Pitvipers are probably some of the scariest creatures on earth. Equipped with a deadly set of fangs and thermally sensitive facial pits, they can always track down a warm meal. Aaron Krochmal explains that until recently it was thought that prey detection drove the evolution of the facial pit receptors, but important new research is now challenging this assumption(p. 4231).
During his previous work at Indiana State University with George Bakken,Krochmal discovered that one pitviper species, the western diamondback rattlesnake, uses its facial pits to detect cool refuges to shelter from excessive heat, suggesting that these thermal radiation receptors may actually be a more general-purpose organ than previously thought. So Krochmal, Bakken,and their colleague Travis LaDuc, decided to go one step further. They tested whether other pitvipers' facial pits also allowed them to seek out cooler corners.
Krochmal and his colleagues chose 12 diverse species of pitviper to work with, and one closely related subfamily of true viper, the puff adder. Puff adders do not have facial pits. Instead, they are equipped with supranasal sacs, which may be able to detect thermal radiation from prey, but it was unclear whether they were involved in behavioural thermoregulation.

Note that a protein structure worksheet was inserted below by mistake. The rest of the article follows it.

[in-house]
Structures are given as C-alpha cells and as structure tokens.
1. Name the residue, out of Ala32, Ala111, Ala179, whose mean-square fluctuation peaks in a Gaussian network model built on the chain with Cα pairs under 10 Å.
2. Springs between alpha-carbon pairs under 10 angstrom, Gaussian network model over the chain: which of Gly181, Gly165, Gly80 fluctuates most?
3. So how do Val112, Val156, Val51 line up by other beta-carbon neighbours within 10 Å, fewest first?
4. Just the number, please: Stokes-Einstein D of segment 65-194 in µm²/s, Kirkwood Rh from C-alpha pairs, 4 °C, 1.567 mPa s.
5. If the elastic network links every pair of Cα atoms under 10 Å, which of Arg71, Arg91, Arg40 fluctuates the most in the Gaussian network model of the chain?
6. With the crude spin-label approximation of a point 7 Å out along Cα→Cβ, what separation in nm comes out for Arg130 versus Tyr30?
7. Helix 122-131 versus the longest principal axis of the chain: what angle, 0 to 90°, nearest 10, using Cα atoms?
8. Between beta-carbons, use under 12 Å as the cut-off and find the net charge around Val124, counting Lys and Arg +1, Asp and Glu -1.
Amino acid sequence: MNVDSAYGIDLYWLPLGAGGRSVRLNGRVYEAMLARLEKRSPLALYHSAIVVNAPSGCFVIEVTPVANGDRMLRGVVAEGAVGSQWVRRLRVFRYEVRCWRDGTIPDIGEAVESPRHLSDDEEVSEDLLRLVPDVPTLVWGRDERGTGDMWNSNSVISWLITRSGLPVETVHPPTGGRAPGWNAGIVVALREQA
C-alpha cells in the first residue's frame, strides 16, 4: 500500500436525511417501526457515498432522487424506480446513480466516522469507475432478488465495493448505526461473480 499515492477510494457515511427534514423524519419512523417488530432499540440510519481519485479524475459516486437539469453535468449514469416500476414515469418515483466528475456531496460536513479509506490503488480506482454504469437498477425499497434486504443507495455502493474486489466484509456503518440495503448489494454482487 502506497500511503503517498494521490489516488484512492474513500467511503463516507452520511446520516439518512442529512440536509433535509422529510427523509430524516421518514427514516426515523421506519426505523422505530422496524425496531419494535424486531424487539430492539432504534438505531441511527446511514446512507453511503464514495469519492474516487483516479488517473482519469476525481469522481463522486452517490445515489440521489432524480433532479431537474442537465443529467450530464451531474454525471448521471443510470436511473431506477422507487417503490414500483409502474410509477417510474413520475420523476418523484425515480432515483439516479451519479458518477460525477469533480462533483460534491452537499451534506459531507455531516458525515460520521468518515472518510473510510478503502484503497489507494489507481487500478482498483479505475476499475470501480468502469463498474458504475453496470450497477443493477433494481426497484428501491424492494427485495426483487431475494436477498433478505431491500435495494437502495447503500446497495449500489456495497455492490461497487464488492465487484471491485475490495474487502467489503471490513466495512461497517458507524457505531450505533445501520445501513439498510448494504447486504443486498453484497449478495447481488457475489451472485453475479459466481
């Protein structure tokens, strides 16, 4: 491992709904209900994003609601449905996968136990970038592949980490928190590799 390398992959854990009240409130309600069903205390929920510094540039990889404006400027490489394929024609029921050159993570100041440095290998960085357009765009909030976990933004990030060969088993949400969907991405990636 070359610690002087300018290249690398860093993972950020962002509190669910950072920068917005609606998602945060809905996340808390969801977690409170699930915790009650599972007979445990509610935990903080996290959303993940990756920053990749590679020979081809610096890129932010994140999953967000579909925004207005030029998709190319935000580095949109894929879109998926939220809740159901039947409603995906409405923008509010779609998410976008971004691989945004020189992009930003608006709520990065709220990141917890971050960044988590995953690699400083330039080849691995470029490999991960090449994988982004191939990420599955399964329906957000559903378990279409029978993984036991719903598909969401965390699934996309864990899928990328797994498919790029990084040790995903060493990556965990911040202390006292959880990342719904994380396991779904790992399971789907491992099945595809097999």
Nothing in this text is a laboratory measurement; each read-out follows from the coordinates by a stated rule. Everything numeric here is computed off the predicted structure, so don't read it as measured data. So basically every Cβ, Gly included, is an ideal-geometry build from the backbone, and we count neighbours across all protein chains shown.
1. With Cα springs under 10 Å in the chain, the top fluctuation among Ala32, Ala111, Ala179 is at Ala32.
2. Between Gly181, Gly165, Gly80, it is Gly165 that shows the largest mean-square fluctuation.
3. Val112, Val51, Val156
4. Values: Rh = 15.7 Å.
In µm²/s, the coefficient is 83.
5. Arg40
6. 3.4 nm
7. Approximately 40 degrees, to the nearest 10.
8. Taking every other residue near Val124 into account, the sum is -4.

To test the snakes' ability to differentiate between hot and cold environments, the team designed a Y-shaped maze made of plumbing pipes for the vipers to move through, and placed it inside an environmental chamber at a scorching 40°C. By cooling the end of one branch of the structure to 30°C, they made a heat `refuge'. After releasing a snake into the bottom of the Y, the team waited to see which environment the reptile chose.
All species of pitviper tested moved toward the cool refuge and avoided the hot branch of the maze, suggesting that they could determine heat differences from a distance. The team also made absolutely sure that the snakes were using their receptors to choose between the hot and cooler branches by temporarily disabling their facial pits. They insulated each of the viper's facial pits with a small polystyrene ball, topped by a tiny piece of aluminium foil. Krochmal admits that this part of the study was probably the most nerve wracking, and, being acutely aware of the dangers of working with such venomous vipers, he'd spent the year prior to their arrival, `dreaming up ways to keep from dying'.
Fortunately, the planning paid off. Deprived of their facial pits, the pitvipers failed to home in on their cooler refuge, only ending up in the 30°C refuge by chance; the facial pits were involved in behavioural thermoregulation. However, when the team put the puff adders to the Y-test,these true vipers only found their way to the cooler refuge by chance. They weren't capable of behavioural thermoregulation using thermal radiation cues.
Krochmal and his colleagues were very excited. `When we started testing we saw that all pitvipers were able to make a thermoregulatory decision based on radiation and we really knew we were on to something; that what we had been seeing was unique to pitvipers, and an ancestral trait' he says. This uniqueness also suggests that this behaviour may have evolved at the same time as the facial pits. Maybe those pits are more than just prey detectors after all.